Choi Chang-keun

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Choi Chang-keun
Born1941 (age 80–81)
ResidenceVancouver, British Columbia, Canada
Teacher(s)Choi Hong-hi, Lim Woo-jong
Rank9th dan taekwondo (ITF)
4th dan karate

Choi Chang-keun (최창근; 崔昌根; born 1941), widely known as C. K. Choi, is a South Korean master of taekwondo,[1][2][3][4][5] and one of the twelve original masters of taekwondo of the Korea Taekwon-Do Association.[6][7] Following a career in the South Korean military, Choi emigrated to Canada in 1969, where he continues to teach his martial art.

Early life[edit]

Choi was born around 1941 in Korea, during the period of Japanese occupation. He began training in the martial arts in 1956, studying taekwondo and karate under instructors Hong and Kim in the South Korean army, and subsequently trained under Lim Woo-jong, Director of Taekwondo for the Korean 1st Army.[1] By 1960, Choi had attained the rank of 2nd dan in taekwondo.[4] In 1961, he helped Choi Hong-hi to create many of the present day Chang Hon patterns, Ge-Baek hyung.[1]

In 1962, Woo promoted Choi to the rank of 3rd dan.[4] That same year, Choi became the first taekwondo world champion in sparring and patterns, and then became the first tae soo do world champion (full contact, heavyweight, 3rd–5th dan division) in 1963.[1] He later became one of the twelve original masters of taekwondo and taught in Malaysia.[1] Through the late 1960s and 1970s, Choi was a key member of the taekwondo demonstration teams that accompanied H. H. Choi around the world.[8]


Choi moved to Vancouver, British Columbia, Canada, in 1969. He opened the first taekwondo school there in 1970.[1] He also established the University of British Columbia's taekwondo club in the 1970s.[9] In 1973, Choi held the rank of 7th dan.[10]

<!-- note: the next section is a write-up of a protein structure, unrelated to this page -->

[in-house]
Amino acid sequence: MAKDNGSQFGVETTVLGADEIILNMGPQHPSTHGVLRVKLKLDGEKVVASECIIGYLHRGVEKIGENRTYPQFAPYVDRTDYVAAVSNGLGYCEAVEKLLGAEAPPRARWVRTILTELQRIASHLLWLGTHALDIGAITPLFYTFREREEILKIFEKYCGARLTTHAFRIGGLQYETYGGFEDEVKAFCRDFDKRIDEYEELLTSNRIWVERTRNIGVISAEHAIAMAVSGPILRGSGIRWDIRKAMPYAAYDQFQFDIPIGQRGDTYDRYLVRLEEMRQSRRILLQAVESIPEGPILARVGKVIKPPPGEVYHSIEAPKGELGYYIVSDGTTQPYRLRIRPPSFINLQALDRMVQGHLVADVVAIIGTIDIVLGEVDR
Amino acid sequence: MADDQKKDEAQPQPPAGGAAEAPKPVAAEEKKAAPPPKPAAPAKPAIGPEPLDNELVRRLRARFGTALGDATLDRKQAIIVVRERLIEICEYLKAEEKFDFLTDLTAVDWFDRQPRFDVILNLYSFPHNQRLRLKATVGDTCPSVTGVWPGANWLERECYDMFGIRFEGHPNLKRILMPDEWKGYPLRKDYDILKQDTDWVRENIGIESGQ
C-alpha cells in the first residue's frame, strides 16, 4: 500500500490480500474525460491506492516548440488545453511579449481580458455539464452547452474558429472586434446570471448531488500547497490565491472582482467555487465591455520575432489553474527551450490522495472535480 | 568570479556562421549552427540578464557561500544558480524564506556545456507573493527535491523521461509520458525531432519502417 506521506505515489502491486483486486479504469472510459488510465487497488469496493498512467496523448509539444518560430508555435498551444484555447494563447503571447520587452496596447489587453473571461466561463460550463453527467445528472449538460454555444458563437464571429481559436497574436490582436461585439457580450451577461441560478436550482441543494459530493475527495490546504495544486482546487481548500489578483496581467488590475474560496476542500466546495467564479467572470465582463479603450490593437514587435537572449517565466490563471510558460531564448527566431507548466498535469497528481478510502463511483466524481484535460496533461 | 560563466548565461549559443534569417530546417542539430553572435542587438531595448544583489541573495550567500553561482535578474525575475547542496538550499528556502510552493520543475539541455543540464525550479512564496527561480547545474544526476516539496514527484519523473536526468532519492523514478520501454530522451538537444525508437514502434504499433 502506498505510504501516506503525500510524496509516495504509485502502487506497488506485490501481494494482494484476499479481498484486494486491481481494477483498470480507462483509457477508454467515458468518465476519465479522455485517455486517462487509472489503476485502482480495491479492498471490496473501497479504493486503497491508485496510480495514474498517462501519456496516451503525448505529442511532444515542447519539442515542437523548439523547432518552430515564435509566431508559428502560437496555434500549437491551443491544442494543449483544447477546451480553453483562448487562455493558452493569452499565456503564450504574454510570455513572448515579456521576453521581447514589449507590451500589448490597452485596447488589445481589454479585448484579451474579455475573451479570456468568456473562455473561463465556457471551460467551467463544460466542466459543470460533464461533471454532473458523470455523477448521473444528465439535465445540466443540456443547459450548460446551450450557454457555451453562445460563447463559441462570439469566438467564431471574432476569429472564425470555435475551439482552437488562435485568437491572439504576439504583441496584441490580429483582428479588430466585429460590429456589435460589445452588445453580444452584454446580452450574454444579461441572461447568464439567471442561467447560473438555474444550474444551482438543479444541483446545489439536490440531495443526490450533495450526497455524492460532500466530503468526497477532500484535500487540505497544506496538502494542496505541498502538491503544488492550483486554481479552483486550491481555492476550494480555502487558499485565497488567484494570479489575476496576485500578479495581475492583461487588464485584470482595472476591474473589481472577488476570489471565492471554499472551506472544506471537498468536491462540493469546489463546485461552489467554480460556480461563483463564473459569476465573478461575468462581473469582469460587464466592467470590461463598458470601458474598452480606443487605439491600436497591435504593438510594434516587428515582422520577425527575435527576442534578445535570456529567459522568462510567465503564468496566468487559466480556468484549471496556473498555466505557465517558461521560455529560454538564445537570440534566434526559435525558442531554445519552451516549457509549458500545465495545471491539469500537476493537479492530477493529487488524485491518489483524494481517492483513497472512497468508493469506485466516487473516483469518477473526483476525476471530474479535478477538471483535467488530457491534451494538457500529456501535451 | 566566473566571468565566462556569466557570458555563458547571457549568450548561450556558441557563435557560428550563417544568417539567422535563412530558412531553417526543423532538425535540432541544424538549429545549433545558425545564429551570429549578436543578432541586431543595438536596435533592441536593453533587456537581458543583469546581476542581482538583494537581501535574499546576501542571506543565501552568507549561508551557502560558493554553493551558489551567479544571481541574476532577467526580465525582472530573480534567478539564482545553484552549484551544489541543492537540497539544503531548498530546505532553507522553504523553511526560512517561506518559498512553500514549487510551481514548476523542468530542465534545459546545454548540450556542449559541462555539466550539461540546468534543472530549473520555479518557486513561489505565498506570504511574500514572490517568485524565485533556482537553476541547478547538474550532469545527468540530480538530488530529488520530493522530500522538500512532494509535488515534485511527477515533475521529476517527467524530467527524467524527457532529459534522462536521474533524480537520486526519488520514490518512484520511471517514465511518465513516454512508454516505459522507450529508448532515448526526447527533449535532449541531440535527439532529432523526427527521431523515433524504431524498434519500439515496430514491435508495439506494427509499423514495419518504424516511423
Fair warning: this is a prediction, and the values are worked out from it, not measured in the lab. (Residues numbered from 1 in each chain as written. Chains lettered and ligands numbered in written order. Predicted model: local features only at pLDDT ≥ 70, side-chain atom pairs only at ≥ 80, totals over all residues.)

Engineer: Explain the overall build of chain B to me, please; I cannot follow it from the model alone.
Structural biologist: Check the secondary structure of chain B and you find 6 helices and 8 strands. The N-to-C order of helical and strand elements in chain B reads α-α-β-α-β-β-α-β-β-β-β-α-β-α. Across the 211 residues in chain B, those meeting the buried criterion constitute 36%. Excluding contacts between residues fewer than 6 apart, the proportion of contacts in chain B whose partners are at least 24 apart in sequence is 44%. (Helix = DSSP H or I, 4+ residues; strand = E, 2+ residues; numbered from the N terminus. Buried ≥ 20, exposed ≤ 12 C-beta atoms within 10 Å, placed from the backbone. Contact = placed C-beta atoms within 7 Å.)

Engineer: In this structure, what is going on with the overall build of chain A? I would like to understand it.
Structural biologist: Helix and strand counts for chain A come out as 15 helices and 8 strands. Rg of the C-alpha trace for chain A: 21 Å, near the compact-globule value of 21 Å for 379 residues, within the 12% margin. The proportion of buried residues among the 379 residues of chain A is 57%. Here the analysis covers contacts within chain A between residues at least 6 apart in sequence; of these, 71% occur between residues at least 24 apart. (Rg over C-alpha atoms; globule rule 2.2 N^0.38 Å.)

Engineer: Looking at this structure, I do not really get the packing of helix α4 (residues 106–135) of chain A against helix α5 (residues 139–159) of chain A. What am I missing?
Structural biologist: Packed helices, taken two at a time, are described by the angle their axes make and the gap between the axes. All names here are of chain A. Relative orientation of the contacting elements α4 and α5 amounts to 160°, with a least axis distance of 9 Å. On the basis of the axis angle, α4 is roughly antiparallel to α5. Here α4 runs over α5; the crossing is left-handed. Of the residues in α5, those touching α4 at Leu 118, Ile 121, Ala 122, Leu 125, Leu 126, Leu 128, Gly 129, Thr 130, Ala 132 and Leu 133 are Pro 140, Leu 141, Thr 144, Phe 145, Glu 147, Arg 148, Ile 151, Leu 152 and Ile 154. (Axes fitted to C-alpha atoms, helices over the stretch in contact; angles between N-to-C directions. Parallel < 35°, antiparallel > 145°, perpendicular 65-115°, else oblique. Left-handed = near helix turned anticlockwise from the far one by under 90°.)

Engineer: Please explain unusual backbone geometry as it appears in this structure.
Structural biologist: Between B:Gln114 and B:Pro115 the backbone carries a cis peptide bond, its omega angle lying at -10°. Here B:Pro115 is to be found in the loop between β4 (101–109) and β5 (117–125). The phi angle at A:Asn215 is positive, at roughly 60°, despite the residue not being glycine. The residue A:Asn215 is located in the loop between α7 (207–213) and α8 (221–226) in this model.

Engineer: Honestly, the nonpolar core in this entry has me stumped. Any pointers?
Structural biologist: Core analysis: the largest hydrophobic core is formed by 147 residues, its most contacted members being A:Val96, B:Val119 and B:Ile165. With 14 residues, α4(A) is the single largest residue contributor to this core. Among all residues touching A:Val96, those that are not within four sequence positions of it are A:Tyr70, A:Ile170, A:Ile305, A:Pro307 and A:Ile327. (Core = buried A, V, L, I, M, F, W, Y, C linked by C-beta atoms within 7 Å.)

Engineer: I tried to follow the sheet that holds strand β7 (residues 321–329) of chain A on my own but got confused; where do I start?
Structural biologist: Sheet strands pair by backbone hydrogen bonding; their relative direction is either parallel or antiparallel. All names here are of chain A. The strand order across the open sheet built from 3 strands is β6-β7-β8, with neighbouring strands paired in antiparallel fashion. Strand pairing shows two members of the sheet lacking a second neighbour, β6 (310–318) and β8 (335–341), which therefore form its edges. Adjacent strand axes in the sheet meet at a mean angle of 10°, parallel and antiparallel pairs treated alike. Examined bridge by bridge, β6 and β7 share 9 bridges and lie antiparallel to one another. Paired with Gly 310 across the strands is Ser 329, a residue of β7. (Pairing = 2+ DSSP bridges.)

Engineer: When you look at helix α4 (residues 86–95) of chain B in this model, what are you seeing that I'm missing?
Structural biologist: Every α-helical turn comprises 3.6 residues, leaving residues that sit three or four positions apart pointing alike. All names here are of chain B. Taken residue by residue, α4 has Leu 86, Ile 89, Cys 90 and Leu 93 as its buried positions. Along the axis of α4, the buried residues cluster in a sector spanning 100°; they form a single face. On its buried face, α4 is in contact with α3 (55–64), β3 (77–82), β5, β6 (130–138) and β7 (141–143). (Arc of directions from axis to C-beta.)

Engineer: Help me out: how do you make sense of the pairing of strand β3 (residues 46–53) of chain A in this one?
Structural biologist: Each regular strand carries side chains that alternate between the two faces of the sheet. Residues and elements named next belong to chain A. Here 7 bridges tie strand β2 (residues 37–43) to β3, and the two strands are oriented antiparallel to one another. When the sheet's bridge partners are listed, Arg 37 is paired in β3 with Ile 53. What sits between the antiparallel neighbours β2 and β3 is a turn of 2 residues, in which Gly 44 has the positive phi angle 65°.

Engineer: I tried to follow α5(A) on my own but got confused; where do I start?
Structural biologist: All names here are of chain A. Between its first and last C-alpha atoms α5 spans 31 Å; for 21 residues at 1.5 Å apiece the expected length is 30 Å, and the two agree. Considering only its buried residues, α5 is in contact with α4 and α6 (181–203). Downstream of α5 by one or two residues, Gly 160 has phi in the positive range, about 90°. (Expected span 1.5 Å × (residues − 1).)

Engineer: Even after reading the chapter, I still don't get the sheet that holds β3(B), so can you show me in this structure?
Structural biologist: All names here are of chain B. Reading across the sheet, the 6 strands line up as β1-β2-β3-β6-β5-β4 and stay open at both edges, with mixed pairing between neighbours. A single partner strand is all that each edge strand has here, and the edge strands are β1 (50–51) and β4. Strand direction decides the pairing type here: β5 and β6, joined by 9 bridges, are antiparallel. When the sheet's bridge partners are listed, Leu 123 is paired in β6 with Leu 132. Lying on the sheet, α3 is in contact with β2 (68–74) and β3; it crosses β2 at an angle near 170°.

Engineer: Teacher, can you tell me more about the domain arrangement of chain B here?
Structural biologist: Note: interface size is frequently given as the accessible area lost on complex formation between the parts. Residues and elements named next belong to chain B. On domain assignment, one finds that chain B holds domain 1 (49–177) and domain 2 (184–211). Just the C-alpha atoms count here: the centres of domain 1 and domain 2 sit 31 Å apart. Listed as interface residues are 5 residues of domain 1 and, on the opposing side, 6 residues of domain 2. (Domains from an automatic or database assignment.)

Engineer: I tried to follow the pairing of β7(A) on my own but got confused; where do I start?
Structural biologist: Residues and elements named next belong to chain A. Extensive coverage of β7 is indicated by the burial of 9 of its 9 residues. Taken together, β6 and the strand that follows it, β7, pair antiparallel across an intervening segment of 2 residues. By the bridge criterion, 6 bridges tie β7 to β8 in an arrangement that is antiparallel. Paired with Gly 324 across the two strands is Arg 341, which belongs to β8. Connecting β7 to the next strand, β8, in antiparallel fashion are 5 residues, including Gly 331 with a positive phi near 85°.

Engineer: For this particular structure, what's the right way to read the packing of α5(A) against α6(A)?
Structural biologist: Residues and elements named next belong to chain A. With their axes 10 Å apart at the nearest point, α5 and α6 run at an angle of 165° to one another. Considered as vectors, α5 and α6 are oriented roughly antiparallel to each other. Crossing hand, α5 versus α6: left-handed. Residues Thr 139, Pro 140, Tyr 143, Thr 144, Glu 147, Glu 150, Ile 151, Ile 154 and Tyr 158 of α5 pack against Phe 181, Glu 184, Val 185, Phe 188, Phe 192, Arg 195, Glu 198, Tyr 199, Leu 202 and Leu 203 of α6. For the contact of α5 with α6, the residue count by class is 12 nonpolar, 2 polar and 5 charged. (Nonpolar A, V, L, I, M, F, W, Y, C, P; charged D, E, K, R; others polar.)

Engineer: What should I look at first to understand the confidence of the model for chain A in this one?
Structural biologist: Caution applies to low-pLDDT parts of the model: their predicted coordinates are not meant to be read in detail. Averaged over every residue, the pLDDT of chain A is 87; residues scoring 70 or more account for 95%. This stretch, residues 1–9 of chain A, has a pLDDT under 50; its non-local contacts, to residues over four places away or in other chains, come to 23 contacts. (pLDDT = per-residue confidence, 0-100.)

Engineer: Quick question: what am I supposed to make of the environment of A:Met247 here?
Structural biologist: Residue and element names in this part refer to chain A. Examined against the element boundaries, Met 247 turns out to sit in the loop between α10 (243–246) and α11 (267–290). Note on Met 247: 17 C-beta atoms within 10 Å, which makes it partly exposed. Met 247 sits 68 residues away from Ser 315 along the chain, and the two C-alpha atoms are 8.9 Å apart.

In 1980, Choi designed the International Taekwon-Do Federation's (ITF) tree logo that is worn on the back of every ITF uniform.[1][11] He attained the rank of 8th dan in 1981, promoted by H. H. Choi,[4] and 9th dan in 2002.[1]

Choi has started a campaign to reunite ITF practitioners across the world.[12] He continues to teach, conduct grading tests, give seminars, and offer assistance to those involved in taekwondo.

See also[edit]


  1. ^ a b c d e f g h Tae Kwon Do Pioneers: Grand Master C. K. Choi Archived March 11, 2009, at the Wayback Machine Retrieved on 5 January 2010.
  2. ^ Park, S. H. (1993): "About the author." In H. H. Choi: Taekwon-Do: The Korean art of self-defence, 3rd ed. (Vol. 1, pp. 241–274). Mississauga: International Taekwon-Do Federation.
  3. ^ World Taekwon-Do Alliance: Grand Master C. K. Choi Archived March 9, 2010, at the Wayback Machine Retrieved on 5 January 2010.
  4. ^ a b c d Hawkins, P. (2005): An interview with Grandmaster C. K. Choi Archived July 15, 2011, at the Wayback Machine Totally Tae Kwon Do, 4:6–13.
  5. ^ Pioneers of Taekwon-Do: Grand Master Choi Chang-keun Archived February 13, 2010, at the Wayback Machine Retrieved on 13 January 2010.
  6. ^ Choi, H. H. (1972): Taekwon-Do: The Korean art of self-defence. Mississauga: International Taekwon-Do Federation.
  7. ^ A tribute to the original masters Archived 2010-05-25 at the Wayback Machine (c. 2007). Retrieved on 13 June 2007; link has expired, as at 1 July 2011.
  8. ^ Cox, S. (c. 2004): The history of Taekwon-Do and its founder Archived 2009-04-04 at the Wayback Machine Retrieved on 3 February 2010.
  9. ^ UBC Tae Kwon Do Retrieved on 22 January 2010.
  10. ^ International Taekwon-Do Association Slovenia: ITF history Archived 2011-08-31 at the Wayback Machine Retrieved on 3 February 2010.
  11. ^ Kido Kwan Martial Art International: Origins of the Taekwon-Do Dobak (sic) Retrieved on 31 January 2010.
  12. ^ Tae Kwon Do Pioneers Retrieved on 20 January 2010.

External links[edit]